Page layout or layout is the term that used to describe how each page of your website will appear to the users. In word processing and desktop publishing, layout refers to the arrangement of text and graphics. The layout of a document can determine which points are emphasized, and whether the document is aesthetically pleasing.
Typical page layout include:
- Size of page margins
- Size and position of images and figures
- Deciding on the number and size of columns and gutters (gaps between columns)
- Placement of intentional white-space
- Use of special effects like overlaying text on an image, runaround and intrusions, or bleeding an image over the page margin
- Use of color printing or spot color for emphasis
Specific elements to be laid out might include:
- Chapter or section titles, or headlines and subheads
- Image captions
- Pull quotes and nut graphs which might be added out of course or to make a short story fit the layout
- Boxouts and sidebars, which present information as asides from the main text flow
- Page headers and page footers, the contents of which are usually uniform across content pages and thus automatically duplicated by layout software. The page number is usually included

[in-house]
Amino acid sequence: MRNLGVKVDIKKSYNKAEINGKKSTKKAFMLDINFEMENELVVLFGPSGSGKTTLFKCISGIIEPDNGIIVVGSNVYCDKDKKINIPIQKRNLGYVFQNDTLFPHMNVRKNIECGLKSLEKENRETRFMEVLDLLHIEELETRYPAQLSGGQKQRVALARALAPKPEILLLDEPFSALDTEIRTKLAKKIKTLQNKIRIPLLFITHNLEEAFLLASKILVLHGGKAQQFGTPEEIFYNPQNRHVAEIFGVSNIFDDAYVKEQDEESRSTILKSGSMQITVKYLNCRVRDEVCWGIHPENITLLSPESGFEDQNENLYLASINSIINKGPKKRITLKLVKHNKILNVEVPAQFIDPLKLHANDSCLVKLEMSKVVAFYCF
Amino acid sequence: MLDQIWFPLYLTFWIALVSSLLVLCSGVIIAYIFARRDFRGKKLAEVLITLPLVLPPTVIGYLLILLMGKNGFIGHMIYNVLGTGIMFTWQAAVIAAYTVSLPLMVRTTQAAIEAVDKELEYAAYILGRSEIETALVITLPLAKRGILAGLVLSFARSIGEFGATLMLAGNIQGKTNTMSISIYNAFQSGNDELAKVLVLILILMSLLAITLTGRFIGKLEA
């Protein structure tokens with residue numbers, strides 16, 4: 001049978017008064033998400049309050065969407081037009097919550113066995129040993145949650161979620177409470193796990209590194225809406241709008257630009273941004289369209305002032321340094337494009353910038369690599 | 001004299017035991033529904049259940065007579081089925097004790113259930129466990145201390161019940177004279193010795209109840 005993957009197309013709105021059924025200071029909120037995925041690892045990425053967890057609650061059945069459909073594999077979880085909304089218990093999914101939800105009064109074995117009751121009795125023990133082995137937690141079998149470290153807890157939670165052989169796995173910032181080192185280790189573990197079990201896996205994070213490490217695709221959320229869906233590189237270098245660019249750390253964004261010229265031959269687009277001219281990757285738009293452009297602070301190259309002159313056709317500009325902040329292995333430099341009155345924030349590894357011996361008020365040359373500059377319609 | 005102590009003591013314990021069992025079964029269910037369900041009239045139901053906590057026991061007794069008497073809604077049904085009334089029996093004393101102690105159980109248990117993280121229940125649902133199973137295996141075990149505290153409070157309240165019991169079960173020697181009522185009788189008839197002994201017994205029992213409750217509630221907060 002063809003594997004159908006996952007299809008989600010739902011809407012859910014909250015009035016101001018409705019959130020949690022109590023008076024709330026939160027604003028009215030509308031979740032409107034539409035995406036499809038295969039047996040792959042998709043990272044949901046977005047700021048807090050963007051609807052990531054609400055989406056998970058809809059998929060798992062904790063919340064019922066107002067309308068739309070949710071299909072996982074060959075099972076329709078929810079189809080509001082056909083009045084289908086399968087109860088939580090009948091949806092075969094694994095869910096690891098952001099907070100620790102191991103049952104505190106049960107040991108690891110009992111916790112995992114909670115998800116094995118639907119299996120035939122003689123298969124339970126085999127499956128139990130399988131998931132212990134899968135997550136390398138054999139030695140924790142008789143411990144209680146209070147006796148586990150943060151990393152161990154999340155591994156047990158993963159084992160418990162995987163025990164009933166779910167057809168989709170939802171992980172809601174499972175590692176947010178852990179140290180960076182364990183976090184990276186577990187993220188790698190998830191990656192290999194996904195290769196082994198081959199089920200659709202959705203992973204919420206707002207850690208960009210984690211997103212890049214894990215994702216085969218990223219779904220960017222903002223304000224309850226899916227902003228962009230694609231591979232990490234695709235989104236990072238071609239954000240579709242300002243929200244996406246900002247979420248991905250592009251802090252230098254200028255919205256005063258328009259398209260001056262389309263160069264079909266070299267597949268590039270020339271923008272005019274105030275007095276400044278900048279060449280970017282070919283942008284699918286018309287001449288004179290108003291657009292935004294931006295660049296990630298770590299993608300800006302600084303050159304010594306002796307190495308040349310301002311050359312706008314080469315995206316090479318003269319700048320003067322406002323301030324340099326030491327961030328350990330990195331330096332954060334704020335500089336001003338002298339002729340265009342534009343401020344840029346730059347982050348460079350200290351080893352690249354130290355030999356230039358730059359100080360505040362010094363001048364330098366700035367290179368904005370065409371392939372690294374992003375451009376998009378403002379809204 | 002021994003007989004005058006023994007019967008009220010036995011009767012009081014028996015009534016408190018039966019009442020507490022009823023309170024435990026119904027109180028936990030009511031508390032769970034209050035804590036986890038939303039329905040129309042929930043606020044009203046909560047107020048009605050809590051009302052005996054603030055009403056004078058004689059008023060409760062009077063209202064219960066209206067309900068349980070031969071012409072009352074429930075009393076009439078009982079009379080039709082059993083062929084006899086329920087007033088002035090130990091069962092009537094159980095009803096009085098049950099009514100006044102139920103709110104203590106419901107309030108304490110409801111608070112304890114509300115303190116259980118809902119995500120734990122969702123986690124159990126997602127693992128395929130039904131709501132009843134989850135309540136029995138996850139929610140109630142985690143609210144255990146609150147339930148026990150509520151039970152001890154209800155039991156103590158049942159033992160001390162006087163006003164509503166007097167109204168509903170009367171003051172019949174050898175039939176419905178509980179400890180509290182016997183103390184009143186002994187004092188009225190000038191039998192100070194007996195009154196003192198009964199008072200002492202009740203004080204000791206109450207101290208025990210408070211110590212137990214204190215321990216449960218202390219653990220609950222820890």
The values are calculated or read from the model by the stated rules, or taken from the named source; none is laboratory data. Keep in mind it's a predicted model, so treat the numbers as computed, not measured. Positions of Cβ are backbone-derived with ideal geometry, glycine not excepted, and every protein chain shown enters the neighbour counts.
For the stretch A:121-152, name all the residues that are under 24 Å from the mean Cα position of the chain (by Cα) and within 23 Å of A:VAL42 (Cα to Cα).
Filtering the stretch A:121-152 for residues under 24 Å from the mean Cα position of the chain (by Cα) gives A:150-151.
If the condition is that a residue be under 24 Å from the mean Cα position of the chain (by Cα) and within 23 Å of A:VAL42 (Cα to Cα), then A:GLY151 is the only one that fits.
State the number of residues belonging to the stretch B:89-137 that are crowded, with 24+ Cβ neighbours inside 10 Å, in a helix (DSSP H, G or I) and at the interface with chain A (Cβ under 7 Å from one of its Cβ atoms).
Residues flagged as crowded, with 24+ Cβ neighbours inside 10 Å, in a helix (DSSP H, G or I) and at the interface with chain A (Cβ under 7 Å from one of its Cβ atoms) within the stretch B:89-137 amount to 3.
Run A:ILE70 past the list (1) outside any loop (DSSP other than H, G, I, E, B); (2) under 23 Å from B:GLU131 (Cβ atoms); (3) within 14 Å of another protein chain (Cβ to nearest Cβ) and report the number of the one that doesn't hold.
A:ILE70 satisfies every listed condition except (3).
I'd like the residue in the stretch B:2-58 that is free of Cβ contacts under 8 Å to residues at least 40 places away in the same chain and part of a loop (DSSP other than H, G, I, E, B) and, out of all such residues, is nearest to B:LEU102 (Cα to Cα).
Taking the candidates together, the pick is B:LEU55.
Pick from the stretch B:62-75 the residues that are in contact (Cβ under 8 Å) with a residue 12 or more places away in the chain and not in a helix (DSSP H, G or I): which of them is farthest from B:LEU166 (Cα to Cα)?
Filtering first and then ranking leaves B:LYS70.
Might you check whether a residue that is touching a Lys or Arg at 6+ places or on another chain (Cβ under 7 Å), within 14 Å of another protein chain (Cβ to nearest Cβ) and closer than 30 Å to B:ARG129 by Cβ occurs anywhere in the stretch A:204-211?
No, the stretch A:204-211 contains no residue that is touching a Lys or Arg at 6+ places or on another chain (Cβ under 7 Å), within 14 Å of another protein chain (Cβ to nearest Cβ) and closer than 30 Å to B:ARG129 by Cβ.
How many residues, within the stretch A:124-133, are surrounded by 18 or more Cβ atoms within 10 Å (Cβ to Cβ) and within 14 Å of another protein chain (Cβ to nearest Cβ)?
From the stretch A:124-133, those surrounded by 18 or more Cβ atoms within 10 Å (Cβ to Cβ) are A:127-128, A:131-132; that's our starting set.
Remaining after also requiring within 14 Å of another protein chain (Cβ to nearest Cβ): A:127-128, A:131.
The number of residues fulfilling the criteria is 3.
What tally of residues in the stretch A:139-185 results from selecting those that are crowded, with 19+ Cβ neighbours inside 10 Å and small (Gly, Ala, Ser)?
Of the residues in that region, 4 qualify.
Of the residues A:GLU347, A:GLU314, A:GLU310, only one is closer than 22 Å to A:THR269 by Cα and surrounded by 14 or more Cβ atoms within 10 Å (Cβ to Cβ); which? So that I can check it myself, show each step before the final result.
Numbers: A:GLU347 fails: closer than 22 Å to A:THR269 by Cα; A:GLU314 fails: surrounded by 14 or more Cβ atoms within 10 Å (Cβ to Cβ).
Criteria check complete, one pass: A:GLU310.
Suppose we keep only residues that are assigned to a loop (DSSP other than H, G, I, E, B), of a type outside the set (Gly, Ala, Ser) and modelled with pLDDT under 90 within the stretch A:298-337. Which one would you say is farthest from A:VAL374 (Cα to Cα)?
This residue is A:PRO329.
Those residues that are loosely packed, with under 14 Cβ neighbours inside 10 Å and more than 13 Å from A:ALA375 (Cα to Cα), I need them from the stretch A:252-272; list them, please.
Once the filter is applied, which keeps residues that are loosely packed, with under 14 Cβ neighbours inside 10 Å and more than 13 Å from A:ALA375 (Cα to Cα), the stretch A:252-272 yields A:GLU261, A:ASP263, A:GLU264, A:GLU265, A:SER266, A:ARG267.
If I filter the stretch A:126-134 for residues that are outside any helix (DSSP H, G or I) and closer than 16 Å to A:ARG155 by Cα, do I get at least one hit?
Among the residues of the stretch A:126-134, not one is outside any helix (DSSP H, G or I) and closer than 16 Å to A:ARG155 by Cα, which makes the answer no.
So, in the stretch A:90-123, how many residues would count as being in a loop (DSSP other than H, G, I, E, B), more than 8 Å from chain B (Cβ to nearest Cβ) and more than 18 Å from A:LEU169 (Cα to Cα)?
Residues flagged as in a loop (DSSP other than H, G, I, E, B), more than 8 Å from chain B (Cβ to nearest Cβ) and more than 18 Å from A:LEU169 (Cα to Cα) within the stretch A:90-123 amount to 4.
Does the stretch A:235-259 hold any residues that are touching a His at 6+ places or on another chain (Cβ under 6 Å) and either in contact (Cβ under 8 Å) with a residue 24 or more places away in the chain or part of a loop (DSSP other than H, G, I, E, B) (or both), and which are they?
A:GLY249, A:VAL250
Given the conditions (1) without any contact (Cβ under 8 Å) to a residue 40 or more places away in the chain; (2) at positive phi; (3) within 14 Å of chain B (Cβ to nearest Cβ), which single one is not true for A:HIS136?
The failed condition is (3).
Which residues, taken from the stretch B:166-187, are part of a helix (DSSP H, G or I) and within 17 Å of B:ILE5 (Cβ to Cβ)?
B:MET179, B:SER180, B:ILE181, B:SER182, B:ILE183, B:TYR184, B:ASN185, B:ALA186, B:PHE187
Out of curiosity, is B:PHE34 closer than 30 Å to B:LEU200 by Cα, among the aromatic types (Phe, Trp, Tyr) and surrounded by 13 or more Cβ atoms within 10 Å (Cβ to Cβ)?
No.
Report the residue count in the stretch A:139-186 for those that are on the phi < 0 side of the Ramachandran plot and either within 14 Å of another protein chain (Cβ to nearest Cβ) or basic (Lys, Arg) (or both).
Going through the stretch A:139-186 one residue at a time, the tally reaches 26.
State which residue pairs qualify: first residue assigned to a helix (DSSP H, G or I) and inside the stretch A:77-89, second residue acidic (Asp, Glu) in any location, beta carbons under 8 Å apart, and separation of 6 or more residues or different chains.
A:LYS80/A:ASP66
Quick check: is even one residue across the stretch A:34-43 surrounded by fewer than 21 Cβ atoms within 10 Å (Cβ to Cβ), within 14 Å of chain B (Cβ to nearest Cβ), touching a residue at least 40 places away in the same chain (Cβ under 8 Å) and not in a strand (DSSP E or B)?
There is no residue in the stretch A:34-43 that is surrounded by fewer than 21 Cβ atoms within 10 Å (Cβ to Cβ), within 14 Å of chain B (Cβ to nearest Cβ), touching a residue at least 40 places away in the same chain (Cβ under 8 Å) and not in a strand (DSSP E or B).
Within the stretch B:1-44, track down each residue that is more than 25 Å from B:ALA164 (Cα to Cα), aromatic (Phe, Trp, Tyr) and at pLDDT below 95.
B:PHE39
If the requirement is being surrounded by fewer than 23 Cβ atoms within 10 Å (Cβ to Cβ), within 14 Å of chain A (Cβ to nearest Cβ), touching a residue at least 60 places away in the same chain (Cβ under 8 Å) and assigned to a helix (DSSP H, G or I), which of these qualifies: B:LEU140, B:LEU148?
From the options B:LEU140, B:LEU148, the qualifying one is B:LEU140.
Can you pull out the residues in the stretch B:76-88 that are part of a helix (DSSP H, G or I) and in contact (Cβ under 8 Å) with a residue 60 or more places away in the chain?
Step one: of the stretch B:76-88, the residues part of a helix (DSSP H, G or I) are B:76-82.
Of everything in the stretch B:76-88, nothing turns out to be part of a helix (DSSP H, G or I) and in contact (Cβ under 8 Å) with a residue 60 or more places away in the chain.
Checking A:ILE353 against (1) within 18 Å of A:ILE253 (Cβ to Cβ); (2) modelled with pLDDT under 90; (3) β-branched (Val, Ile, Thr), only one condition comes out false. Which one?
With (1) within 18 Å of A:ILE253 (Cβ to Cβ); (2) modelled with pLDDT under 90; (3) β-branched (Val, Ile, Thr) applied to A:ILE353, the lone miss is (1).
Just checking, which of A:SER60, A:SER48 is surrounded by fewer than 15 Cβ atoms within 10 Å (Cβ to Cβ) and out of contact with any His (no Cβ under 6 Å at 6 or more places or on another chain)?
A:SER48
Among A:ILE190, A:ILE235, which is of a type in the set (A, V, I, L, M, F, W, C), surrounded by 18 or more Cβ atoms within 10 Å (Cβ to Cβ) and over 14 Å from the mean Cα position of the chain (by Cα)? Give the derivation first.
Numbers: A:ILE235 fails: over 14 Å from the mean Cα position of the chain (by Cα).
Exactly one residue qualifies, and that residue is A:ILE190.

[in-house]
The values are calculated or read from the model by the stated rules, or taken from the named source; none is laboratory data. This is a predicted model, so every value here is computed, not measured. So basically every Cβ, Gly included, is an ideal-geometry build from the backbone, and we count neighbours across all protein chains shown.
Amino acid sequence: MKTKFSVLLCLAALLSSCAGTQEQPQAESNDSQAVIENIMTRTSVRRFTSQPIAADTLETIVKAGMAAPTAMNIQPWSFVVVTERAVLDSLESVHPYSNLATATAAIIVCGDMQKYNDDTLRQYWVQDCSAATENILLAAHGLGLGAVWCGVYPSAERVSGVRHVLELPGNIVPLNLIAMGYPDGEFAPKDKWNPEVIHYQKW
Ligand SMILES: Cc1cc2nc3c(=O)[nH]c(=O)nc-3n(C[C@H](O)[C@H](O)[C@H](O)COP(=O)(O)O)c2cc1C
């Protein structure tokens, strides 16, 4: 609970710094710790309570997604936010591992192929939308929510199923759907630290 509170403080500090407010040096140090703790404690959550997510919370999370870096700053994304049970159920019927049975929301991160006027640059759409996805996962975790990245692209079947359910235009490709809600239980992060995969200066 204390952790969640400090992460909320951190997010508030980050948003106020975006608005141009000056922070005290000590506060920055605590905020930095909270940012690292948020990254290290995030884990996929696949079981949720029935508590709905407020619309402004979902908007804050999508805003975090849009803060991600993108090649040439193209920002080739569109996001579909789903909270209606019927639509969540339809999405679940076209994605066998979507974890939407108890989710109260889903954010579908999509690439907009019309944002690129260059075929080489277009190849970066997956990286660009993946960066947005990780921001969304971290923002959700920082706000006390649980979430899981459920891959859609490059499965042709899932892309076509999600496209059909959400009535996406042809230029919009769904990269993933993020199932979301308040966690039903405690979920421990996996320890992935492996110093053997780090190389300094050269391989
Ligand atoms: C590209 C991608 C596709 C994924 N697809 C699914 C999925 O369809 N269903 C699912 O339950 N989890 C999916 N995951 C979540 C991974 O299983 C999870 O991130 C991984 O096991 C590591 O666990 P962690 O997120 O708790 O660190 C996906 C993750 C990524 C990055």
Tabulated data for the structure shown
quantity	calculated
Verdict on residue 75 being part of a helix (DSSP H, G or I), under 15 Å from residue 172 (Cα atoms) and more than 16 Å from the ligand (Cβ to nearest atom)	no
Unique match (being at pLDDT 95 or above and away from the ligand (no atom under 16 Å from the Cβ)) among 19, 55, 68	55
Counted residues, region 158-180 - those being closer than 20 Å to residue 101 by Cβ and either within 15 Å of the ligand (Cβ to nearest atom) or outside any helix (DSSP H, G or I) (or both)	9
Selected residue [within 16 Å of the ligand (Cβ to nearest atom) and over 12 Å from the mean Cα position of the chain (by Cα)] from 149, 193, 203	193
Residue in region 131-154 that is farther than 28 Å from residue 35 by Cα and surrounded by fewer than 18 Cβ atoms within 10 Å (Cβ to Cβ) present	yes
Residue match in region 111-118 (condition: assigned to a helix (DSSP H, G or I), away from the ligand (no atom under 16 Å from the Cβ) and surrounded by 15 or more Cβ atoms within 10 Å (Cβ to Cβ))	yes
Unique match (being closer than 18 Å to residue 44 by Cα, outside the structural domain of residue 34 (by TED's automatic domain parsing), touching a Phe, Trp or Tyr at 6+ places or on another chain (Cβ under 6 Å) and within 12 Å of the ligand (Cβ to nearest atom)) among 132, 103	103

- in the header or footer, and software automatically increments it for each page.
- Table of contents
- Notes like footnotes and end notes; bibliography, for example in academic journals or textbooks
In newspaper production, final selection and cropping of photographs accompanying stories might be left to the layout editor (since the choice of photo could affect the shape of the area needed, and thus the rest of the layout), or there might be a separate photo editor. Likewise, headlines might be written by the layout editor, a copy editor, or the original author.
To make stories fit the final layout, relatively inconsequential copy tweaks might be made (for example, rephrasing for brevity), or the layout editor might make slight adjustments to typography elements like font size or leading.